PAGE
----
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Sunday, January 31, 2010

An Interesting Dialogue...

As you know, I have been encouraging any readers out there to write me with any feedback/insights/opinions etc.  Well, today I received a very interesting comment posted to the blog that is more than worthy of opening a dialogue...

Cheryle writes:
I must say, good for you Maren, for pursuing this interesting goal! Life is way too short, and I feel it is imperative to do what you must in order to be happy and enjoy every single day on this planet.

Do you ever feel sometimes though... and I mean no disrespect whatsoever by tabling this, it's just something that I have struggled with for years... that society and the world in general is on a progressively downward spiral... and that a single person's positive, well-intended efforts, while totally admirable, are mostly futile? That's the biggest challenge I face, when it comes to me personally dialoguing with myself about 'living with less'. I am a responsible, hard-working adult with no serious accountability to anyone but myself (ie no kids, no husband, no pets, not even a houseplant!). If I want to buy something or travel somewhere, I just do. I have a hard time justifying denying myself the things I like, especially since I am a healthy, educated, tax-paying, contributing member of society. Now, you know how Todd and I live - and it's definitely not to excess. But we certainly do not go without... meaning that we each have the usual material possessions (a house - small, and a vehicle - economical) and we make the most of our vacation days every year. And yes, we also eat ALOT of meat (which we actually buy from a local organic farmer, and overall it is MUCH cheaper, not to mention healthier, than buying from a grocery store). Truthfully, I don't feel bad about my lifestyle.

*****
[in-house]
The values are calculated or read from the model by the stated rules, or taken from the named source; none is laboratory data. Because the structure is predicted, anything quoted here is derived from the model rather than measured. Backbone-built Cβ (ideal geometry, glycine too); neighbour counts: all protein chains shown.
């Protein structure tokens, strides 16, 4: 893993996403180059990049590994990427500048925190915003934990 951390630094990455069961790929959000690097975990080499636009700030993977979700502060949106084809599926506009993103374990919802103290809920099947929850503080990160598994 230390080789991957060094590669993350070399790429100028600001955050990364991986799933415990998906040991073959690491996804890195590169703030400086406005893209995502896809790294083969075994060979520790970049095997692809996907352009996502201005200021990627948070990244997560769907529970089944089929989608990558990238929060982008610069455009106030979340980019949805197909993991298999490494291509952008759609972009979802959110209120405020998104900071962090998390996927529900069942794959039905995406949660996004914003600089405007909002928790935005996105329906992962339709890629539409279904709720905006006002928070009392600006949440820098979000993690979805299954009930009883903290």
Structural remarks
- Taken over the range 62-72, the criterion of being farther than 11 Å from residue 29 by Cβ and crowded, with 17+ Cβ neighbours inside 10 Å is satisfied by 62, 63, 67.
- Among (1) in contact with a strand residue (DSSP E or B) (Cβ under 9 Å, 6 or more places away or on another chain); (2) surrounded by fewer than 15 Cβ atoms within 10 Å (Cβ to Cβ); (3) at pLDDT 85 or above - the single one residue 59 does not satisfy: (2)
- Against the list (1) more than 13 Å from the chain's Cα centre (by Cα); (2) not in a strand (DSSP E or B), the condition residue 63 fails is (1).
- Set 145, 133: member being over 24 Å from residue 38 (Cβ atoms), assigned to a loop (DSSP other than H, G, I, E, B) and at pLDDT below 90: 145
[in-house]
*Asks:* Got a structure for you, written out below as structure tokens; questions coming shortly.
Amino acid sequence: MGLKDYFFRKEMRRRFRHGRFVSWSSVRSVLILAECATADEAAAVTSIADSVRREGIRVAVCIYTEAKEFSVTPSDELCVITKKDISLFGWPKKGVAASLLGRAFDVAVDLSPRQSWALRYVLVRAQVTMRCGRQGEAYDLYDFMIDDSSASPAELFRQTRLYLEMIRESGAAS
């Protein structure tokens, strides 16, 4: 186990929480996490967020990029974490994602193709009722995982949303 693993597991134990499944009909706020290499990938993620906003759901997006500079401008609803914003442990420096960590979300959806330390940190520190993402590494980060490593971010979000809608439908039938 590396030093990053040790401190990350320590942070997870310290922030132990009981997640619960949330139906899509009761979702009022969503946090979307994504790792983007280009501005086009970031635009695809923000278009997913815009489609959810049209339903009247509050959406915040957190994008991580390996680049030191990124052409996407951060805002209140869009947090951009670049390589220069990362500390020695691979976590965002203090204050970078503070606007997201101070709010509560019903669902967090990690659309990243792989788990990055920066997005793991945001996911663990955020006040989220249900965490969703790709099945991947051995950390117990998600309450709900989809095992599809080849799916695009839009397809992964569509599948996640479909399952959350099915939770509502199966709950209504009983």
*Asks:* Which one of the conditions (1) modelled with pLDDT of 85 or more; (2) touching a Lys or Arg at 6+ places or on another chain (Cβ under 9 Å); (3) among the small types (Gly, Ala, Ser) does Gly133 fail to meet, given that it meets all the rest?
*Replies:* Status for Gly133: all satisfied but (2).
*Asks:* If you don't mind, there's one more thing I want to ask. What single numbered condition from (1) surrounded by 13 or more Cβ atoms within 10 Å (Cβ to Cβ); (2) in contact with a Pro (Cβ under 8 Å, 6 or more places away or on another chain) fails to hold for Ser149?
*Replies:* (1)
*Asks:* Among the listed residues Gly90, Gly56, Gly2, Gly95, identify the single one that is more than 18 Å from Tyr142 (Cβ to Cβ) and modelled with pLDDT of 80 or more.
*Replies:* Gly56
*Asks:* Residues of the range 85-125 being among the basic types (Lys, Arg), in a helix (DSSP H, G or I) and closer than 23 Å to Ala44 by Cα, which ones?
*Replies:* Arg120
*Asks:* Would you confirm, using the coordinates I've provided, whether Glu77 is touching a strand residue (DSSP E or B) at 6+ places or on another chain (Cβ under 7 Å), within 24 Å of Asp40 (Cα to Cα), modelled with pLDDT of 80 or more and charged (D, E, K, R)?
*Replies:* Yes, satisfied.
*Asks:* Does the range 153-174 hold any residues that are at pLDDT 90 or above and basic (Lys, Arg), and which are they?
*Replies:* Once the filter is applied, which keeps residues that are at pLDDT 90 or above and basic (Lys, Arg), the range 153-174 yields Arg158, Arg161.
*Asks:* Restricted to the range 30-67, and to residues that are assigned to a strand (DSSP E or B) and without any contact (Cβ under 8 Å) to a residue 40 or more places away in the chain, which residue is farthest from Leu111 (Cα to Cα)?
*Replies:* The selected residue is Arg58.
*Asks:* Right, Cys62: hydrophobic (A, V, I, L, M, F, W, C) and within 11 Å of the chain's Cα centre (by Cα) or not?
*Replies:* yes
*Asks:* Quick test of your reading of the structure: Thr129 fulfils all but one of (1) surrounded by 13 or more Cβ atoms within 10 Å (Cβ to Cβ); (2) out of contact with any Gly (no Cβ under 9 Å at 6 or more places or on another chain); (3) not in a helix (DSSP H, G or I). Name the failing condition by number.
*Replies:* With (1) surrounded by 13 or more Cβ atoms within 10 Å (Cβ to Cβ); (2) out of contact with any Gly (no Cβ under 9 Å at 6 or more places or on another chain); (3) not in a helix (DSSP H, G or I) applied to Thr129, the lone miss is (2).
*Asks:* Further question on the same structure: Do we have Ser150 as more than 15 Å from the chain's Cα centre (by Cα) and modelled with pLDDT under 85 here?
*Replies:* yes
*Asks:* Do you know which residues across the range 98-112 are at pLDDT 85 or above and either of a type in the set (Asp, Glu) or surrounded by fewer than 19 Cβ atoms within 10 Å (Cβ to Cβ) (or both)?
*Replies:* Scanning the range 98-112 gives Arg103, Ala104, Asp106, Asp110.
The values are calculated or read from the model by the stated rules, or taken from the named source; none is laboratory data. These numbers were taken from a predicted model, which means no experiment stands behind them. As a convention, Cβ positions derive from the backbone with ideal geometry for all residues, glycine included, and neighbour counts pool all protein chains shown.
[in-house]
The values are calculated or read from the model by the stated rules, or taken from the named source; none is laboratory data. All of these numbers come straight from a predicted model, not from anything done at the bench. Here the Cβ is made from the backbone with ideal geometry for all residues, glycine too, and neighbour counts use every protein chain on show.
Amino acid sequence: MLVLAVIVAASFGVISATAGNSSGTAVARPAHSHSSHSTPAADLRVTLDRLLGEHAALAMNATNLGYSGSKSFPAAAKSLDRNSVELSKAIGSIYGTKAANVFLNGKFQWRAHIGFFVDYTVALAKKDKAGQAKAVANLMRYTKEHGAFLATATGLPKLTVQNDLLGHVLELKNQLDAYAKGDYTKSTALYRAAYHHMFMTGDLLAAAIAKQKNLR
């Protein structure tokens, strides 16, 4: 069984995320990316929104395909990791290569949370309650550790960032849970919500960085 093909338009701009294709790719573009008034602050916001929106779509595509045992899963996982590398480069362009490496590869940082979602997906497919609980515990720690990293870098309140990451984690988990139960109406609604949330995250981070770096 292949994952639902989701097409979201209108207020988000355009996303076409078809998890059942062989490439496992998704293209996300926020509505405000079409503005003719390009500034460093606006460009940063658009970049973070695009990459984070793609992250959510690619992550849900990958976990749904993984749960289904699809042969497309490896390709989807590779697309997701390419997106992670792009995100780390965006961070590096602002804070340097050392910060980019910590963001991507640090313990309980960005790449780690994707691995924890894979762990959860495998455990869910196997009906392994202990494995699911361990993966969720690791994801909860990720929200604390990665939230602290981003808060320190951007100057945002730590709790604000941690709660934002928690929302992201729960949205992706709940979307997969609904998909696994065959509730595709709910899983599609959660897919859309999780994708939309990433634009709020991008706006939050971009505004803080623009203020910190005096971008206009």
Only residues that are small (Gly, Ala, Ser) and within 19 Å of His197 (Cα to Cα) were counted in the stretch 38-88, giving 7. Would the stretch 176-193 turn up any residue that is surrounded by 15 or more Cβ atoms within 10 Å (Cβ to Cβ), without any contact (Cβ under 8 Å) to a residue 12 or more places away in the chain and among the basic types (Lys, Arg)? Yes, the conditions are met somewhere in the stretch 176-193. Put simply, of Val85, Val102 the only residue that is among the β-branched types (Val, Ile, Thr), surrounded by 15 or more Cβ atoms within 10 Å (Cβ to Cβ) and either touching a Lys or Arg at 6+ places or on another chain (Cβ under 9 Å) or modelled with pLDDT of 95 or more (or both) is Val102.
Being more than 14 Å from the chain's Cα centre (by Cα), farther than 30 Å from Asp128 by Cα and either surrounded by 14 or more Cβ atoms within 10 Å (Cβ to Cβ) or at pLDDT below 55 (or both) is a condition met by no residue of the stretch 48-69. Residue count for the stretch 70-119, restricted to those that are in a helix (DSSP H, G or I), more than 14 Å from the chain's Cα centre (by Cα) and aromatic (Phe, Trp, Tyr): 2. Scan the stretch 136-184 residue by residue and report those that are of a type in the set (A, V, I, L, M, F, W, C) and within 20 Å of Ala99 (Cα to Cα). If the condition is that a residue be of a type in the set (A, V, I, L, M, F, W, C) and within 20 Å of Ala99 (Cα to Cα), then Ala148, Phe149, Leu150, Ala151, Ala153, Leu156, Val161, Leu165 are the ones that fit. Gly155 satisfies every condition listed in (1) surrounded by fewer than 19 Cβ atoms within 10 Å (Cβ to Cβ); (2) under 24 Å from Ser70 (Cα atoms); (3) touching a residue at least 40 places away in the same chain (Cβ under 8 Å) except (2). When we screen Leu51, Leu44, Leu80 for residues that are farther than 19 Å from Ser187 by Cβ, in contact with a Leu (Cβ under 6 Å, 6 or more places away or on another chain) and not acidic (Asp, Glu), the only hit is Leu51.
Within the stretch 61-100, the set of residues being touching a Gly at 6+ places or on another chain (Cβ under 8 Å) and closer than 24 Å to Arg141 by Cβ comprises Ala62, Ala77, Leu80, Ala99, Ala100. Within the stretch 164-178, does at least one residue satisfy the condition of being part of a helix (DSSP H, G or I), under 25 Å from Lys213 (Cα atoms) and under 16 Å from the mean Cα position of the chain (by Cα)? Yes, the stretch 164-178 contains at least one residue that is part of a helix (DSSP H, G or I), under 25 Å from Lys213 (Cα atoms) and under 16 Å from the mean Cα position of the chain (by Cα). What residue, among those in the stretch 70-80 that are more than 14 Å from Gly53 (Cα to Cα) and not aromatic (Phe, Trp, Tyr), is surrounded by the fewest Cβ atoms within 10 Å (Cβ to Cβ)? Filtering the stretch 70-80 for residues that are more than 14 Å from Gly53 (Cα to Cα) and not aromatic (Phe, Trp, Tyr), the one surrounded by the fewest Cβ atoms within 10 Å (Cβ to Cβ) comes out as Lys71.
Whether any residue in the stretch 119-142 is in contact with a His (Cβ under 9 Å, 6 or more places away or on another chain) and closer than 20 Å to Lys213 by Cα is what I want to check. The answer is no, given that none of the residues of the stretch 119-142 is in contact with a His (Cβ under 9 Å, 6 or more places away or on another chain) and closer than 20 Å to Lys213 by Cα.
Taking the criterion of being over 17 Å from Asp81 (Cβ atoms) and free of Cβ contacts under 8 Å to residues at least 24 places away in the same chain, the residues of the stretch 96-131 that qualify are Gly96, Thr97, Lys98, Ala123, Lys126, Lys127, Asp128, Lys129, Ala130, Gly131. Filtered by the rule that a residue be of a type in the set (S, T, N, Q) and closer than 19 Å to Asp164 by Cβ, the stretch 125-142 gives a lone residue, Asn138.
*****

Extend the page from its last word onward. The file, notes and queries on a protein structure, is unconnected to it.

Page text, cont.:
I'm not saying that I agree with wasting non-renewable resources, and just dumping garbage freely, and not recycling or anything like that... we are humans, with cognitive ability, not animals... But the reason I have a job is so that I can live life to what my version of 'its fullest' is. I am curious to know if you ever feel torn? Because really (and this is merely my opinion - like I said, I've struggled with this for years), unless someone is going to move somewhere and 100% live 'off the grid'... like almost completely disappear... we are all negatively impacting the earth, whether we like it or not.

Your thoughts?

See?  Great insights and questions!  I only hope that I can be half as concise in trying to respond. 

In response to the issue of a single person's actions being mostly futile - to some point I agree... and it can be maddening to work so hard at something, and have others efforts practically reverse your efforts right in front of your eyes!  Let's take recycling for instance.  Every other week, us country dwellers have the privilege (not) of frequenting our local neighbourhood waste transfer station.  Week after week, I bring my carefully sorted and cleaned recycling materials in blue bags only to put them on top of bag after bag filled with recycling that is ALL SCREWED UP (and manky, and stinky, and... well, you get the picture)!  Honestly people!  An extra 5 minutes here and there and you could do it right too!!!  So, yes, when I watch my beautifully sorted bags go right in there with the disgusting ones, I will admit that it does make me a little crazy.  However, the way that I look at it is this: just because those idiots choose to do it that way, doesn't mean that I have to, especially when it is an act that requires virtually no skill, money or effort to do correctly.